From Chuck Lane

Questions for The Book of Psalms

Calvary Christian Fellowship

Questions (w/ some answers) for Psalm 11

1. Who is the Psalmist?

  • A Psalm of David. To the chief Musician. A very general reflection of trials and persecution from the time when -- “The kings of the earth set themselves, and the rulers take counsel together, against the LORD, and against his anointed, saying let us break their bands (e.g.,.marriage “bands”) asunder, and cast away their cords (i.e., Ten Commandments) from us” Psalm 2:2-3 -- to the time of the annointed’s return following the tribulation. There is, however, according to McGee and J. Stewart Perowne, evidence that the circumstances of David’s Psalm 11 have to do with his flight from Absalom away from Jerusalem, The City of David, Zion.

2. Who is/are the speaker(s)?

  • David, King of Israel, inspired by the Holy Spirit.

3. Who is the audience?

  • The faithful, who rely on the LORD and His Word in all things at all times, including times of persecution; as well as admonition against the wickedness of the wicked. There is sin in the world, and sin has consequence.

4. List those described in the Psalm? How are they described (adjectives used, actions given, consequences prescribed)? Examples from the Bible? Do you know people like this?

1 In the LORD put I my trust: how say ye to my soul, Flee as a bird to your mountain?

  • How often are we told today by those would be counselors and advisors that we need boundaries, that we must walk away from our problems, escaping the pain and misfortune, expecting to find something else, filling the void left with unrealized dreams, and finding ourselves worse for wear. One such counselor, however, from modern times, Fritz Perls, co-founder of the Esalen Institute near Big Sur in California (1960’s), where principles of Gestalt (holistic health care) were practiced and refined . . . It was Fritz Perls who warned that it is “unfinished business” which interferes with our ability to live full and complete lives. At any rate, problems are never solved by turning your back on them, be they emotional or physical / cognitive or affective. (Did I ever tell you that most all the “truths” that one might find in the pseudo-science of Psychology can be found on the pages of The Bible?) Certainly, as David implies in his opening, prayer and waiting on the LORD are crucial “time-outs” for us to take, trusting that He is with us always so that the “mountain” he chooses to flee to is not one of his own making (idolatry from which we should all flee), but rather the domain from which we all spring: 1 Corinthians 10:13-14.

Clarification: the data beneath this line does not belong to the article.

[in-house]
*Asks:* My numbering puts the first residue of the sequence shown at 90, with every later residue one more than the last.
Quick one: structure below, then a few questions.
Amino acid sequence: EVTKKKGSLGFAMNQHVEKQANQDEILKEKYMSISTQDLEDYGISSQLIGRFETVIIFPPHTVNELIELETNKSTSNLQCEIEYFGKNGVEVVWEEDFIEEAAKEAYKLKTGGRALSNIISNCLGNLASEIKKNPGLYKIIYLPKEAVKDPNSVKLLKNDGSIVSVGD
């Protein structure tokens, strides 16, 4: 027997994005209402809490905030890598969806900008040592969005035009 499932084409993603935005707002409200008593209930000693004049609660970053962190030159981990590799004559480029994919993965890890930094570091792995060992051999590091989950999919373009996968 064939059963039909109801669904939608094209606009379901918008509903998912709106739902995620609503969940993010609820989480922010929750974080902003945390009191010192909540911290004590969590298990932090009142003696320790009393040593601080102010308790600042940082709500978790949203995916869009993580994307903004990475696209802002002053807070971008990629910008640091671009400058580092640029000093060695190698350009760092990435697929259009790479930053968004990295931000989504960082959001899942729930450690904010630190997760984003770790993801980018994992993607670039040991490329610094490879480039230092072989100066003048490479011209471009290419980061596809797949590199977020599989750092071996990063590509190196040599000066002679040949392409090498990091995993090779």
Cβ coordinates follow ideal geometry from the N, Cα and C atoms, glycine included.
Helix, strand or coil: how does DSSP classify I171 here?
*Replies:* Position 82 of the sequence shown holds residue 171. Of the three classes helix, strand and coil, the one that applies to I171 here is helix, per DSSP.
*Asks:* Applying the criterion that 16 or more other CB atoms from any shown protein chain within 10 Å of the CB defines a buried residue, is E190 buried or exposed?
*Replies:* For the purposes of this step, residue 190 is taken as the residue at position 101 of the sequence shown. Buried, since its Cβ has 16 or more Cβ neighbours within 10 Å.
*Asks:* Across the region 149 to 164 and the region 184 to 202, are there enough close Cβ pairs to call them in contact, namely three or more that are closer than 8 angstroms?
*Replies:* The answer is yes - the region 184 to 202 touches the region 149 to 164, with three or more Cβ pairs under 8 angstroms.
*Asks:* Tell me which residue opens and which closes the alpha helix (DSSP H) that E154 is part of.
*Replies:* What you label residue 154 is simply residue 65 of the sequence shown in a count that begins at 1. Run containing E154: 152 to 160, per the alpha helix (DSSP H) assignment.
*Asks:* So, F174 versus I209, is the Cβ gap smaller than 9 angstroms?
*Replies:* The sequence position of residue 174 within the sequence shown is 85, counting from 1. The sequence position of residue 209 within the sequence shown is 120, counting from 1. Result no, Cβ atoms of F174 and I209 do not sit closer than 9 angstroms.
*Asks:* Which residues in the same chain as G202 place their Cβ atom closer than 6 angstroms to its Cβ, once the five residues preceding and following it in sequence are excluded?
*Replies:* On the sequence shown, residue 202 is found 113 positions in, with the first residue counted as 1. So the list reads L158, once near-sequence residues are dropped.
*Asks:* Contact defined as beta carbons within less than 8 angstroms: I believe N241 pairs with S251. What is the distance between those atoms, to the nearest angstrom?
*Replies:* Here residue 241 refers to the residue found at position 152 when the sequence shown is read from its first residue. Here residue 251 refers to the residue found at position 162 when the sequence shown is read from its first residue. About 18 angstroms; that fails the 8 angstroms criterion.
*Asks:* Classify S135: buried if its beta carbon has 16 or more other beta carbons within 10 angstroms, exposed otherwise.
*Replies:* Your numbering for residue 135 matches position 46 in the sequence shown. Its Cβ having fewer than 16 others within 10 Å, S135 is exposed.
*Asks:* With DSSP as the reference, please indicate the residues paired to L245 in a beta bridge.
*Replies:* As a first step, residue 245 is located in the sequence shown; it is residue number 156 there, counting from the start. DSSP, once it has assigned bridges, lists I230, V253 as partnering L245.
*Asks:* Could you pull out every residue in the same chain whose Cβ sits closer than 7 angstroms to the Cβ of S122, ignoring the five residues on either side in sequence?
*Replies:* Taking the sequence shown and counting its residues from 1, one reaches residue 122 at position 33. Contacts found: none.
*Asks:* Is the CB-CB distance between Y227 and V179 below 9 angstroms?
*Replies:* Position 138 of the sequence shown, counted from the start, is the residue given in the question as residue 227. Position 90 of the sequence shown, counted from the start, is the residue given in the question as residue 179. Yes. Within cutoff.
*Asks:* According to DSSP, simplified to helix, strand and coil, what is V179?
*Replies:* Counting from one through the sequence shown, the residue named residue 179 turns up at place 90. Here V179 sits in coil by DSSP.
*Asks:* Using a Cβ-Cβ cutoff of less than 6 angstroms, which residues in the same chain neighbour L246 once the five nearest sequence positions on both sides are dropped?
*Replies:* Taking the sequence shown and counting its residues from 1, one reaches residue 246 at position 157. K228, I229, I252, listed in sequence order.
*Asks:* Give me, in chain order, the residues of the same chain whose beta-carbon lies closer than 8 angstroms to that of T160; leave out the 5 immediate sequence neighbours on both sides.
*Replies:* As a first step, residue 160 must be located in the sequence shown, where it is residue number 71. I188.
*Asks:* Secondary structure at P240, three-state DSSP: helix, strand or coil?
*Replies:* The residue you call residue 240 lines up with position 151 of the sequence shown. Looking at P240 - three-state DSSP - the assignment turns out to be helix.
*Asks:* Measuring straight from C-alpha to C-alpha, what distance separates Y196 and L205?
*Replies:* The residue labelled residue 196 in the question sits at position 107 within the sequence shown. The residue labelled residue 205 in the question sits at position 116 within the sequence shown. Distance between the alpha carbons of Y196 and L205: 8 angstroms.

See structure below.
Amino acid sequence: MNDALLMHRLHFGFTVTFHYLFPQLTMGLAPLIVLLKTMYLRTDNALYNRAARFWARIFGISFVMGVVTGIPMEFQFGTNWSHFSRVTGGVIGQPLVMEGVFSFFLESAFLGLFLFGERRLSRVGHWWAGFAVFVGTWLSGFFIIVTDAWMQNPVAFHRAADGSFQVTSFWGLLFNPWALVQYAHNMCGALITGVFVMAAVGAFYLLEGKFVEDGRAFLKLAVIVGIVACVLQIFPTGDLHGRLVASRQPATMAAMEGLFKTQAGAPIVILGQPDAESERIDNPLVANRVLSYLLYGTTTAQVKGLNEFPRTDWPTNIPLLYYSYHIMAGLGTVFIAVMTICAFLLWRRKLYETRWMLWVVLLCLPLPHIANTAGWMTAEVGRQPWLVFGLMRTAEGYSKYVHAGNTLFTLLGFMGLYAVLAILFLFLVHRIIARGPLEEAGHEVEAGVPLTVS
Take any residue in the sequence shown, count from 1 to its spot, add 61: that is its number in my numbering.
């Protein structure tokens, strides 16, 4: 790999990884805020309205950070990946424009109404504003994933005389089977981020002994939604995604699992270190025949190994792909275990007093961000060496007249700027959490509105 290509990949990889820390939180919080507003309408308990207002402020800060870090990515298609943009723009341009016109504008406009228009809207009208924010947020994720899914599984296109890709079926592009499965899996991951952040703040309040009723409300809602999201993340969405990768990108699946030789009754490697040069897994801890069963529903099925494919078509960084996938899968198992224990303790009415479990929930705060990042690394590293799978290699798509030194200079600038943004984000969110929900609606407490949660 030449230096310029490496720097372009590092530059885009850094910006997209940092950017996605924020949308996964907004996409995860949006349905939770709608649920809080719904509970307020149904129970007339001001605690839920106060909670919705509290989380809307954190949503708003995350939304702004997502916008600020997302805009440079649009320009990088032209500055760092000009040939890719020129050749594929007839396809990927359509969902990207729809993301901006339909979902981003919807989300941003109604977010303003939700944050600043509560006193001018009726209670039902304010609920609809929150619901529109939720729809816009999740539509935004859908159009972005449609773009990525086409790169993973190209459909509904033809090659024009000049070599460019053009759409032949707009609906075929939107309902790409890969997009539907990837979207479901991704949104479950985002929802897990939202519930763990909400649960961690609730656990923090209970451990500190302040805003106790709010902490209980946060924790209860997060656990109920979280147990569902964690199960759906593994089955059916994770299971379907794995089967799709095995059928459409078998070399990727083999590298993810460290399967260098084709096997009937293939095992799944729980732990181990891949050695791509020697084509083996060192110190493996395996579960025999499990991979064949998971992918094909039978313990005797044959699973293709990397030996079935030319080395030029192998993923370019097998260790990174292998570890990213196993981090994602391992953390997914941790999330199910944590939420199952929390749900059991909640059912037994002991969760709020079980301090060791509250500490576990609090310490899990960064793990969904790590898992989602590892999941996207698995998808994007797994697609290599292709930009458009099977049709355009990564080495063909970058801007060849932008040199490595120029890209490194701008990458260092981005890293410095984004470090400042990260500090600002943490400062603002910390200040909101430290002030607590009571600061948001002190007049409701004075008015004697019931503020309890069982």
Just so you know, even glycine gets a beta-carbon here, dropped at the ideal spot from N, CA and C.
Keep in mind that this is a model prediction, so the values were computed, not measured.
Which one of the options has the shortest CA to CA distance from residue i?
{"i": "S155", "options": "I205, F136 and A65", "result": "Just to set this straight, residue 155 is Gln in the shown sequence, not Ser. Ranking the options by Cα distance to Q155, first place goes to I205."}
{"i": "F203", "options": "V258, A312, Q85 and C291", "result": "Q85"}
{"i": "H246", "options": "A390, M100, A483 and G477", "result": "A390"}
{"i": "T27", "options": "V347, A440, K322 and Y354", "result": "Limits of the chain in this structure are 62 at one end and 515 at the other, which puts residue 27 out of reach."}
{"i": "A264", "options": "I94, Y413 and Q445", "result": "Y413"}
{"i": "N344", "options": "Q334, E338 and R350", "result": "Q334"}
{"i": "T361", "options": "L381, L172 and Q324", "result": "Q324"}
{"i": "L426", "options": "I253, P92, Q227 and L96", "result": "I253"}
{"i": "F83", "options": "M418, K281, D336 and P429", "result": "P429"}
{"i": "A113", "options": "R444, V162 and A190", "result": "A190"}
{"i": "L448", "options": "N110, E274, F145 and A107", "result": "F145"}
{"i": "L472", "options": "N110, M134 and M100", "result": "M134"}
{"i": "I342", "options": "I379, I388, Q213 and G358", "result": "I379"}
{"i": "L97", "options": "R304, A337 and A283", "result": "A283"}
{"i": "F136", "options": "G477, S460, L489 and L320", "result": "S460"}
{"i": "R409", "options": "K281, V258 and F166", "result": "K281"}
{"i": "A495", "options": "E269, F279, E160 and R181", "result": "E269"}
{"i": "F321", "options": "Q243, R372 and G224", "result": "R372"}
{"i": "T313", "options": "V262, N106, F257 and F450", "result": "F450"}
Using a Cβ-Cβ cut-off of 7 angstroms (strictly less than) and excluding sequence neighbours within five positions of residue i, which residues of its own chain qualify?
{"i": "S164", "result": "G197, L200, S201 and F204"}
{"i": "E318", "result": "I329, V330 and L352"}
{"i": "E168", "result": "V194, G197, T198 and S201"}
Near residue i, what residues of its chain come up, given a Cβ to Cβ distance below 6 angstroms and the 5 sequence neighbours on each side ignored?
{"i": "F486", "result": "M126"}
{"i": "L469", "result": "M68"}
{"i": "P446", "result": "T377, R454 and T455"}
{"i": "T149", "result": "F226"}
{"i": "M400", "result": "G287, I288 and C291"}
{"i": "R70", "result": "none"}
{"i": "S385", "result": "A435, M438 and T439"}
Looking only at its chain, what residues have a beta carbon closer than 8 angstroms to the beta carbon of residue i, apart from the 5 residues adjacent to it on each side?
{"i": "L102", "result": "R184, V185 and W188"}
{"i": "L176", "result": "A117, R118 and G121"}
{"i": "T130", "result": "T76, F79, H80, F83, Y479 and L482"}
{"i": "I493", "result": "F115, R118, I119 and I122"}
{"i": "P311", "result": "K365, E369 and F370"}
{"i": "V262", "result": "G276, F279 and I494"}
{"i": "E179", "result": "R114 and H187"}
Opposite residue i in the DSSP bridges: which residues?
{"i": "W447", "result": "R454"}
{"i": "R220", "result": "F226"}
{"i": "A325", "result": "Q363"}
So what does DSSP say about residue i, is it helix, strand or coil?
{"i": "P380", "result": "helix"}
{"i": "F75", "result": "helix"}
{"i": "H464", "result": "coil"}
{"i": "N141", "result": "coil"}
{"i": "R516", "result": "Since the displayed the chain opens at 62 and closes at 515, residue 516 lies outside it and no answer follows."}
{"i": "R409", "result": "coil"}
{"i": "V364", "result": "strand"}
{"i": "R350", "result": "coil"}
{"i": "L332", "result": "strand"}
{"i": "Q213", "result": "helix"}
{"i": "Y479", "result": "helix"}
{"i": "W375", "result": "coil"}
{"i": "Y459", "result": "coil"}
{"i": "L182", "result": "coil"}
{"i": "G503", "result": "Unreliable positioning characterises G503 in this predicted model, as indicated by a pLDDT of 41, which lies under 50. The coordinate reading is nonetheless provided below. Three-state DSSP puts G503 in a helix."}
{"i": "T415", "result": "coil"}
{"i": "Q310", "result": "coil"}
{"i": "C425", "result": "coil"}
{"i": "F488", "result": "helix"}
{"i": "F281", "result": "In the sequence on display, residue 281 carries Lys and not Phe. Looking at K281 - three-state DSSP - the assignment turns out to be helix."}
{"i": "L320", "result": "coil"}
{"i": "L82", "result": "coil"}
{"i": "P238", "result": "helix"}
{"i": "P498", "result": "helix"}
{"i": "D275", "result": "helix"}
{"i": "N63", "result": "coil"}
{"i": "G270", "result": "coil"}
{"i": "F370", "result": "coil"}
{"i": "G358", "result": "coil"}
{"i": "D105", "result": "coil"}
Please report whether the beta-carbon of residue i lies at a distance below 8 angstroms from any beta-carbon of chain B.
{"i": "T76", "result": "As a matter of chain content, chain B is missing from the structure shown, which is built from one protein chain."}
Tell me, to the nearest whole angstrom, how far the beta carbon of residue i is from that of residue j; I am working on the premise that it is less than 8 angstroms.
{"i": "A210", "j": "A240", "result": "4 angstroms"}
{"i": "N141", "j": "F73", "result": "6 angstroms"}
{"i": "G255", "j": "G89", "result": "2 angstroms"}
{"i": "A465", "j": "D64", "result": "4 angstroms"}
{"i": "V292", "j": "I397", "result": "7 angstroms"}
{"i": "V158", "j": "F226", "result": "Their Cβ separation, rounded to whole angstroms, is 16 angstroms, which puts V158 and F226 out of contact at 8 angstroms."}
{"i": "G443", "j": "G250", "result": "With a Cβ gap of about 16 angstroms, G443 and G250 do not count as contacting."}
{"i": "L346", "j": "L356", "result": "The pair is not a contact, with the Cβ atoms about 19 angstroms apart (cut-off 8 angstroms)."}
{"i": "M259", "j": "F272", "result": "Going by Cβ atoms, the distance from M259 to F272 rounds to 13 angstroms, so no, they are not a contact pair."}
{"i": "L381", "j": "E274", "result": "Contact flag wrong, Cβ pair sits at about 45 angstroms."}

• Those who counseled David to run away feared for his life because Absalom was trying to kill him:

2 For, lo, the wicked bend their bow, they make ready their arrow upon the string, that they may privily shoot at the upright in heart.

  • To be sure there was grave bitterness in both camps, but David did not leave the land in exile; rather he pulled back, regrouped and waited on the LORD to show His will. Up to a point. We must remember David’s command that Absalom, his son, not be harmed. But it was Absalom who ultimately brought harm upon himself. And it broke David’s heart, from which he never recovered, for Absalom was his favored son to sit on his throne, even more so than Solomon, which may be a reason for David’s delay in fulfilling his promise to crown Solomon his successor, leading to Adonijah’s attempt to usurp the throne for himself.
  • But I digress. When Absalom rebelled and David left Jerusalem, law and order as Israel had come to know was vanquished as well. It was through worldly counsel that prophecy was fulfilled and sin came to reign: 2 Samuel 16:20-23

3 If the foundation be destroyed, what can the righteous do?